Sunday, October 26, 2008

Declaratory Judgments on Unregistered Copyrights: A Cobbler's Dilemma

Stuart Weitzman LLC v. Microcomputer Resources Inc., 542 F.3d 859 (11th Cir. Sept. 12, 2008).
What happens when your custom computer programmer sends you a cease and desist letter telling you that you have the right to use the software they built for you, but that you do not have the right to possess the source code and that it "cannot be modified, changed or reverse engineered by anybody."
Well, the Stuart Weitzman people responded with a declaratory judgment action. They claimed that they were being accused of copyright infringement, that the subject matter was completely pre-empted, that there was a "case or controversy", that the court had federal jurisdiction. Seems pretty simple, right?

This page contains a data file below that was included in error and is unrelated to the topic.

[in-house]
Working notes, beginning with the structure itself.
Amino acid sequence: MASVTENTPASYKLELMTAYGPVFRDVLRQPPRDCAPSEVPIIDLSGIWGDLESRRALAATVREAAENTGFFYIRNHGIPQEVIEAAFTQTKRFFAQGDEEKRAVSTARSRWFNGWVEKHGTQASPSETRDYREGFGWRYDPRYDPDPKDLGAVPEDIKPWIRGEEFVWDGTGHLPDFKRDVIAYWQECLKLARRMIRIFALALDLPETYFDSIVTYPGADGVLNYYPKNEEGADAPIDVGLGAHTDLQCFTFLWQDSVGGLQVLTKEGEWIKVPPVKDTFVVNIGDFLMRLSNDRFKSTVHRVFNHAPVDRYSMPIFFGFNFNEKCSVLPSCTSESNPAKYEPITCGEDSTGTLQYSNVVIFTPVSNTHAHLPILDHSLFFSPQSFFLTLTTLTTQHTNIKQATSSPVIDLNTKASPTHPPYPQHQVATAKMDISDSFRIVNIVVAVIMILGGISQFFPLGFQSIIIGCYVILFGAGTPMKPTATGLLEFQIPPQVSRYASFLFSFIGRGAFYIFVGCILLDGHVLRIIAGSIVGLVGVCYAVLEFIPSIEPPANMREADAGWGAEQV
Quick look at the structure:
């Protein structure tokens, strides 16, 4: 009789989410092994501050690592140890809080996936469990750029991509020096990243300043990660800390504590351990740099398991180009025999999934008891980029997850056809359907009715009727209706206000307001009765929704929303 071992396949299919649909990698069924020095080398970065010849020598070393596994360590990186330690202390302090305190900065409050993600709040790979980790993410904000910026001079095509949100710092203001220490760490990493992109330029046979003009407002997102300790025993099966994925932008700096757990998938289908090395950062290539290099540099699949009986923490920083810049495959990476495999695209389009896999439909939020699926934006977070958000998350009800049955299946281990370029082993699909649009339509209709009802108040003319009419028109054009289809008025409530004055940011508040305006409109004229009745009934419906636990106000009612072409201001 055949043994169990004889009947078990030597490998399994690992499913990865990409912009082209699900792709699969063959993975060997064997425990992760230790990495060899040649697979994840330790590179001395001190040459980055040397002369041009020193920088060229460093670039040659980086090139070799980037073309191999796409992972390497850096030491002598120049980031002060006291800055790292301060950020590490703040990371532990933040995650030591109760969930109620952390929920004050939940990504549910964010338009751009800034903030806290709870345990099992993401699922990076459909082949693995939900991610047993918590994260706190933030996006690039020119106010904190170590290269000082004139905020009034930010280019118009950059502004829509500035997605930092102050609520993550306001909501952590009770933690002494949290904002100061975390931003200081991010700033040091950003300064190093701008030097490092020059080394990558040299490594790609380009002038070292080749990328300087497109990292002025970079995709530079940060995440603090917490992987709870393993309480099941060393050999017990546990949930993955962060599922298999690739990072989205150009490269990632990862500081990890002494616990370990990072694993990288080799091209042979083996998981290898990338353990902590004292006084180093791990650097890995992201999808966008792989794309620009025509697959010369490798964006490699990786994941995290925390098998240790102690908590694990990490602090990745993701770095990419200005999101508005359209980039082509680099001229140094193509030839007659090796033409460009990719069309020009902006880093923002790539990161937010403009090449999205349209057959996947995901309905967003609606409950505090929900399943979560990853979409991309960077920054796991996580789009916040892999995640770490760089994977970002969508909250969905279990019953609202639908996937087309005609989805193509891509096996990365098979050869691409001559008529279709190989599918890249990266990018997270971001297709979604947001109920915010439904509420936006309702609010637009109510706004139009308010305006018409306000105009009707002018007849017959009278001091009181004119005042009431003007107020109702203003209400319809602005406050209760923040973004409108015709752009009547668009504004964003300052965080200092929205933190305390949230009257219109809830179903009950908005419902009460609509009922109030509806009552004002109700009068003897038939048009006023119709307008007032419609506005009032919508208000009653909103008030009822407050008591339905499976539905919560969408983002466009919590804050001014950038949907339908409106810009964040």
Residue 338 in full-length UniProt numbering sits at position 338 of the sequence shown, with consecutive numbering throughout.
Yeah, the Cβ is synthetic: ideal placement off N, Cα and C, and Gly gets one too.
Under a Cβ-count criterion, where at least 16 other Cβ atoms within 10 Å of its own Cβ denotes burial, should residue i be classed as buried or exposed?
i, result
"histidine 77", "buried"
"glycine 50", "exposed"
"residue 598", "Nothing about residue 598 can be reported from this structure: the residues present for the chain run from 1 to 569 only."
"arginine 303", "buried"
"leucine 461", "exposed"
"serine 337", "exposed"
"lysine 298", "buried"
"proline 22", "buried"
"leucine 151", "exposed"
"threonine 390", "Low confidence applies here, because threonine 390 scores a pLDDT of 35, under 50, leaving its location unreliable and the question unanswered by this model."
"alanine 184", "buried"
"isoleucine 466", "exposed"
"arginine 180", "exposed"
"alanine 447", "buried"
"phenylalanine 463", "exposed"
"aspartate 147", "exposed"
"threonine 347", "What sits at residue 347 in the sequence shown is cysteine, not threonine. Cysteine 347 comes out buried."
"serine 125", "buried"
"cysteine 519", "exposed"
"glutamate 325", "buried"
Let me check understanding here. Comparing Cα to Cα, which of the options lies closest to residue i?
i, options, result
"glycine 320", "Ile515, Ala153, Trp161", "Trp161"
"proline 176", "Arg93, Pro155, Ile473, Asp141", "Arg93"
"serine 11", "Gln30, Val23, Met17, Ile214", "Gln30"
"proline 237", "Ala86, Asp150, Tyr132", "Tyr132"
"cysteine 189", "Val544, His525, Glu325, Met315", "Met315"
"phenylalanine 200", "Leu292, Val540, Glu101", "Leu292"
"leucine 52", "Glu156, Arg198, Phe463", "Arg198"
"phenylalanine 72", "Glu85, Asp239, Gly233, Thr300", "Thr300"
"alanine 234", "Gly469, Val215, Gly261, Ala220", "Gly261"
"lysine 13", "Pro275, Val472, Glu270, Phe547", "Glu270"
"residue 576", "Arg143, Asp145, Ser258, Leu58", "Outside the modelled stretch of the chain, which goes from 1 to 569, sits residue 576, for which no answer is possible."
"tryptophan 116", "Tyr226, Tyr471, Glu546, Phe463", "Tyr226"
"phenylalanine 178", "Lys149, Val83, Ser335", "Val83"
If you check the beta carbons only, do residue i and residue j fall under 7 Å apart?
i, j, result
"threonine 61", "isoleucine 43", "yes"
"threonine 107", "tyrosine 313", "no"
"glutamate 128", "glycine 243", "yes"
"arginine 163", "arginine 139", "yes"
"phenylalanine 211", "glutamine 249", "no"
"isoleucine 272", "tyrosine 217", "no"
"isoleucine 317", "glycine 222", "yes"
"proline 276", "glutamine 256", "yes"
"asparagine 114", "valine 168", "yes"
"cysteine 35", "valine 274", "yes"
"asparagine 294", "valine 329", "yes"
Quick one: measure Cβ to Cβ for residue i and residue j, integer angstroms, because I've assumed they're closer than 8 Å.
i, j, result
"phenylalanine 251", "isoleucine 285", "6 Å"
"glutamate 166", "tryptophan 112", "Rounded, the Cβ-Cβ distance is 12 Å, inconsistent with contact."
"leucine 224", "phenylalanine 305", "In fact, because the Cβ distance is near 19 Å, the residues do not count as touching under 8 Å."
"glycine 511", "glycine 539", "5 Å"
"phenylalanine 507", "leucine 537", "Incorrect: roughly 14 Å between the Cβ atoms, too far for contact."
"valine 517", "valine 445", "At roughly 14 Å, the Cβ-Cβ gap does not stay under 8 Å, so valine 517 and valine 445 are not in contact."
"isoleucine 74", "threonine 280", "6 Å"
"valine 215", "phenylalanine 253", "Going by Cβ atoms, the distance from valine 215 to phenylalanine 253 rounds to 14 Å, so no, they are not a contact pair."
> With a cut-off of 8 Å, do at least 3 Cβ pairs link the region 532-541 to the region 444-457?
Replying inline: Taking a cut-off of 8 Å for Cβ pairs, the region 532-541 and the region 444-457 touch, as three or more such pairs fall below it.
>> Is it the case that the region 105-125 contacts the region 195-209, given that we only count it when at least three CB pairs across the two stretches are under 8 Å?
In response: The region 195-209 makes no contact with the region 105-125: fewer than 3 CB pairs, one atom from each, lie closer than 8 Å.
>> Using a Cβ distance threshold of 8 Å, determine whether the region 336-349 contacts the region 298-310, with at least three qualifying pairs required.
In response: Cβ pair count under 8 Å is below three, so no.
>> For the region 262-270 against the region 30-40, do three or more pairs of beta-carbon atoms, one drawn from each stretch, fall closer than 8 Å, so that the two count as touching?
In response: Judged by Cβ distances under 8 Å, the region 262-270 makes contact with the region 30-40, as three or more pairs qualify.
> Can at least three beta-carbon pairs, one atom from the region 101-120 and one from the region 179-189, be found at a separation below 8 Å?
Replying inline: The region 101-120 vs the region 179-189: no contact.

Wrong. The computer vendor had not registered the copyright in the software program, and Weitzman did not contest that the vendor owned the copyright. Nor could the Weitzman folks think up any state-law claims that they could seriously be sued for, which might raise a federal question to be decided (interpretation of the copyright act). Weitzman argued that the "federal question" raised was an anticipated copyright infringement action, and asked the court to construe Weitzman's defenses under 17 U.S.C. Section 117 (you are allowed to copy a computer program if such copying is necessary to run the program).
So the case was dismissed on subject matter jurisdiction, simply because the computer company had neither sued nor filed a copyright registration. This result appears to be anomalous and not in the spirit of other declaratory judgment cases. It is not clear that Weitzman showed how the business would be immediately and irreparably harmed by the cease and desist letter or that the controversy was "ripe".

No comments: